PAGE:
This topic contains 0 replies, has 1 voice, and was last updated by Cyndy Gilbertson 3 months, 2 weeks ago.
February 9, 2016 at 3:17 am #1262
It is critical that doctors encourage patients to reach out to interact with other patients in order to achieve their best quality of life.
I cannot tell you how many times I have experienced a burst of energy, hope and spirit after interacting with another Parkinson patient. Just finding a safe place where you can interact without feeling awkward and embarrassed about symptoms, where you are accepted without judgment or assessment, and where you can laugh together about tossing food about or spilling a drink is reassuring. When another human being acknowledges your humanity, it feels good to be alive.
If the contact is a result of participation in exercise classes, you garner additional benefits. The friendships formed make it easier to be consistent about maintaining an exercise regime, and a little competition may even challenge you to exceed your goals. The more we move, the more we are able to move. Like the Tin Man in the Wizard of Oz, we have to keep our joints oiled and in use in order to keep them from freezing.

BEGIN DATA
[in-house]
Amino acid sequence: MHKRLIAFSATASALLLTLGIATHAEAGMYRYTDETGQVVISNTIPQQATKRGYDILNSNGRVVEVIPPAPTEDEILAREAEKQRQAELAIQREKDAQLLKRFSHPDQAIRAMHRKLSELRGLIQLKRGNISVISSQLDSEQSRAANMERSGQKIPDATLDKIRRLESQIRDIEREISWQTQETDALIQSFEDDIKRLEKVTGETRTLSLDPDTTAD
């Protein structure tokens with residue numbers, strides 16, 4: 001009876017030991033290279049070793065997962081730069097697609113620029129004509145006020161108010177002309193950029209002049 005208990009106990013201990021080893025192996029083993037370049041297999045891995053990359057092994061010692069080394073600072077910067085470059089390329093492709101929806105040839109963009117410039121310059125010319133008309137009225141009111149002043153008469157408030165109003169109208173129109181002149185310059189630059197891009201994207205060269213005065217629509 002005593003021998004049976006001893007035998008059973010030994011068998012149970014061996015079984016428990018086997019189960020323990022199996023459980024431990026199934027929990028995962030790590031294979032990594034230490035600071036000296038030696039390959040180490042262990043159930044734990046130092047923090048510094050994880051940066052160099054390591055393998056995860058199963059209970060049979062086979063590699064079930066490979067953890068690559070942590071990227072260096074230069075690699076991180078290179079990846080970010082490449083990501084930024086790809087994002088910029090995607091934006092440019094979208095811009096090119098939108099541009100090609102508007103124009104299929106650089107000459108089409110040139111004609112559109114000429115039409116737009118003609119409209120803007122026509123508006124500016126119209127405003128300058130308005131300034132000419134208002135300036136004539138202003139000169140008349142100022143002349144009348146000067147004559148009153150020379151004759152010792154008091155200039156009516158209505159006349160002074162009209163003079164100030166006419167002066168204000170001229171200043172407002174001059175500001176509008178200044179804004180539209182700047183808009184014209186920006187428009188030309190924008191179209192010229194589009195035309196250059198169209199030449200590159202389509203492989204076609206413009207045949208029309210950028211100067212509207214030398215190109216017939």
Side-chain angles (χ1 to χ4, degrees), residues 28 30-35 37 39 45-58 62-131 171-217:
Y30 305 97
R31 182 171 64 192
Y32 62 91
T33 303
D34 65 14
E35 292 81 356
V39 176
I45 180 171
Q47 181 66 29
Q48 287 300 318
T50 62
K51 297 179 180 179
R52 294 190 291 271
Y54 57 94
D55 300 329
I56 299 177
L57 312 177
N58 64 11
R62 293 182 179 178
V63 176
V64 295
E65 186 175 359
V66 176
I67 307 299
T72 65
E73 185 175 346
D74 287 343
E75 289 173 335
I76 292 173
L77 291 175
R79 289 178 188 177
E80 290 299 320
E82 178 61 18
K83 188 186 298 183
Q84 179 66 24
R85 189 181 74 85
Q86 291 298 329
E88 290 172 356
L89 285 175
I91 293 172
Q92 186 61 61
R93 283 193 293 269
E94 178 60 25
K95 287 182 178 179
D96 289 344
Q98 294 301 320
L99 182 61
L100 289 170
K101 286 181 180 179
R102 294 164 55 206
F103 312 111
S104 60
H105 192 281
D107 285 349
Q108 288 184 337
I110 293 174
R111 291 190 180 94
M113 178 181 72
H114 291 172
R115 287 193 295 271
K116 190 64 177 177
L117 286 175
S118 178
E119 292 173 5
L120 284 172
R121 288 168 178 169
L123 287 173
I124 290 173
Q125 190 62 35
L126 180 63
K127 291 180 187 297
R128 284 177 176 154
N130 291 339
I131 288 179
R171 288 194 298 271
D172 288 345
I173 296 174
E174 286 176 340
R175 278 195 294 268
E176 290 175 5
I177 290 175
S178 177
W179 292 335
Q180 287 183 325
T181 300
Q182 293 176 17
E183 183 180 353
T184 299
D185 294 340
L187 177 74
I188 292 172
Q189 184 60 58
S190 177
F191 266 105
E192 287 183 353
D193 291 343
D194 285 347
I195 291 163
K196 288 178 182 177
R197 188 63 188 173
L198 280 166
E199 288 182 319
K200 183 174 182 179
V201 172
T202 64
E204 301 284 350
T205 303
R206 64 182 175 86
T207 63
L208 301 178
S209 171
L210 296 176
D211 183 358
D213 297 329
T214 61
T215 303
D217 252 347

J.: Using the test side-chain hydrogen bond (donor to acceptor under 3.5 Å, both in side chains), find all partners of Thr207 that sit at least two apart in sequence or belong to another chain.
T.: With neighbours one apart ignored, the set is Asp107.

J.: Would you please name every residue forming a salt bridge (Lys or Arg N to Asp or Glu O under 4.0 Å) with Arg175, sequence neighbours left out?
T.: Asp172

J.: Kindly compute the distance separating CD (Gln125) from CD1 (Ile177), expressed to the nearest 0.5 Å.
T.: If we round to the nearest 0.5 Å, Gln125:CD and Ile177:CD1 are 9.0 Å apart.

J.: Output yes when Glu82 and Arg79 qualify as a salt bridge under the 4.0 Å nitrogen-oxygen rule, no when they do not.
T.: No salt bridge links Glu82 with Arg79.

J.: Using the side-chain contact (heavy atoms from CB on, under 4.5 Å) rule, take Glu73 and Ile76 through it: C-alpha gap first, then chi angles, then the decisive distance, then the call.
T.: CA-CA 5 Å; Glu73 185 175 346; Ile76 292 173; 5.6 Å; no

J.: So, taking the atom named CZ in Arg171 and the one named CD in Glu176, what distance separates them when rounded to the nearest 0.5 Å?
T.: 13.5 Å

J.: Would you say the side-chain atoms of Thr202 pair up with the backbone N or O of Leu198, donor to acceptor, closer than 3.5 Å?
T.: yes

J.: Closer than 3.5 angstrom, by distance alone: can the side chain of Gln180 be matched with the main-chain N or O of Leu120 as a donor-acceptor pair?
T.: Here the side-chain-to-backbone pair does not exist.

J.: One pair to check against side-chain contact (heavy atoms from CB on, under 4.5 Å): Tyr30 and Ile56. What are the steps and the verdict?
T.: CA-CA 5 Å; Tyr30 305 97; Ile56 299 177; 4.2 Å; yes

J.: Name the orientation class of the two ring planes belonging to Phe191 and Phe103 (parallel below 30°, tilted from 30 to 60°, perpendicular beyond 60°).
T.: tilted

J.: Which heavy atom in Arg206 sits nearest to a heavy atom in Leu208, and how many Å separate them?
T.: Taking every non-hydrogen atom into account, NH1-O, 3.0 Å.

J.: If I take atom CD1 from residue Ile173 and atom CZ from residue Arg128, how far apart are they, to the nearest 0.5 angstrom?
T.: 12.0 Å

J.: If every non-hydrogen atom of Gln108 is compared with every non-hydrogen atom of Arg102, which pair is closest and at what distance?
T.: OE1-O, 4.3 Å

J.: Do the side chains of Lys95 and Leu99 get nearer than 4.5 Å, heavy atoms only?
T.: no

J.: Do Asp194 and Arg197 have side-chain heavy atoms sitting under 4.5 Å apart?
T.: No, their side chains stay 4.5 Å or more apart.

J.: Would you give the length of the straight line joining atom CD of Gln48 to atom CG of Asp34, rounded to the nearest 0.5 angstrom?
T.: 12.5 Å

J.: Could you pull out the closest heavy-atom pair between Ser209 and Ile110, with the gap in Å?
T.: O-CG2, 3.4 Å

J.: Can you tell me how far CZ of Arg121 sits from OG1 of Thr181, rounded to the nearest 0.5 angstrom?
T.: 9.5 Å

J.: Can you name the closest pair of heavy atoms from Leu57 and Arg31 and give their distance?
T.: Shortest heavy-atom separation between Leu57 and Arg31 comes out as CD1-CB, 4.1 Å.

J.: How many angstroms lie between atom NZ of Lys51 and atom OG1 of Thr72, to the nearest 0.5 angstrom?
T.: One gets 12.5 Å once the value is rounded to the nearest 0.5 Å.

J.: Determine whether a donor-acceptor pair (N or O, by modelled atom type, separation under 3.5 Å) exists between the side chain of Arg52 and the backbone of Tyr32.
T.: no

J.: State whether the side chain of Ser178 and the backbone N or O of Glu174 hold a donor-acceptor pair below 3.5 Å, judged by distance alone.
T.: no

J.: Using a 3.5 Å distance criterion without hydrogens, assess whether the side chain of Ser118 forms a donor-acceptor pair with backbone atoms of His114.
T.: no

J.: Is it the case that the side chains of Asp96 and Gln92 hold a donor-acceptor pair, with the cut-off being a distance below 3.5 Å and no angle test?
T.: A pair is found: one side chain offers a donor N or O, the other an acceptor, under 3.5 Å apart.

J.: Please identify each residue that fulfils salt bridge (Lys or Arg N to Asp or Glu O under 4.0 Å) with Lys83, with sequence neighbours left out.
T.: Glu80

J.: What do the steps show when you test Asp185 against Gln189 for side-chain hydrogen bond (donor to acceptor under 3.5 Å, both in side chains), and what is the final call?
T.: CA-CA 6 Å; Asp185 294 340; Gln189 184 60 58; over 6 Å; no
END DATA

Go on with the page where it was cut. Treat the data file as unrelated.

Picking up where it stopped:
And when a disturbing new symptom rears its ugly head, frightening you with projections of impending disability, doom and despair, it is wonderful to hear the words, “Just stay the course. I’ve been there too.” We have all struggled and developed our own ways of coping with this disease. For tips on everyday survival, another patient is your best bet for an answer.
I recently presented a workshop to Parkinson’s patients where I list and demonstrate 20 different approaches to break through a Parkinson’s freeze. I have also presented the same material to students studying physical and occupational therapy. The students always comment about how much they learn from hearing the patient’s point of view.
Patients need to know that there is life after a Parkinson’s diagnosis. That can easily be confirmed by interaction with other vibrant “Parkies” who have come to value the positive aspects of their lives.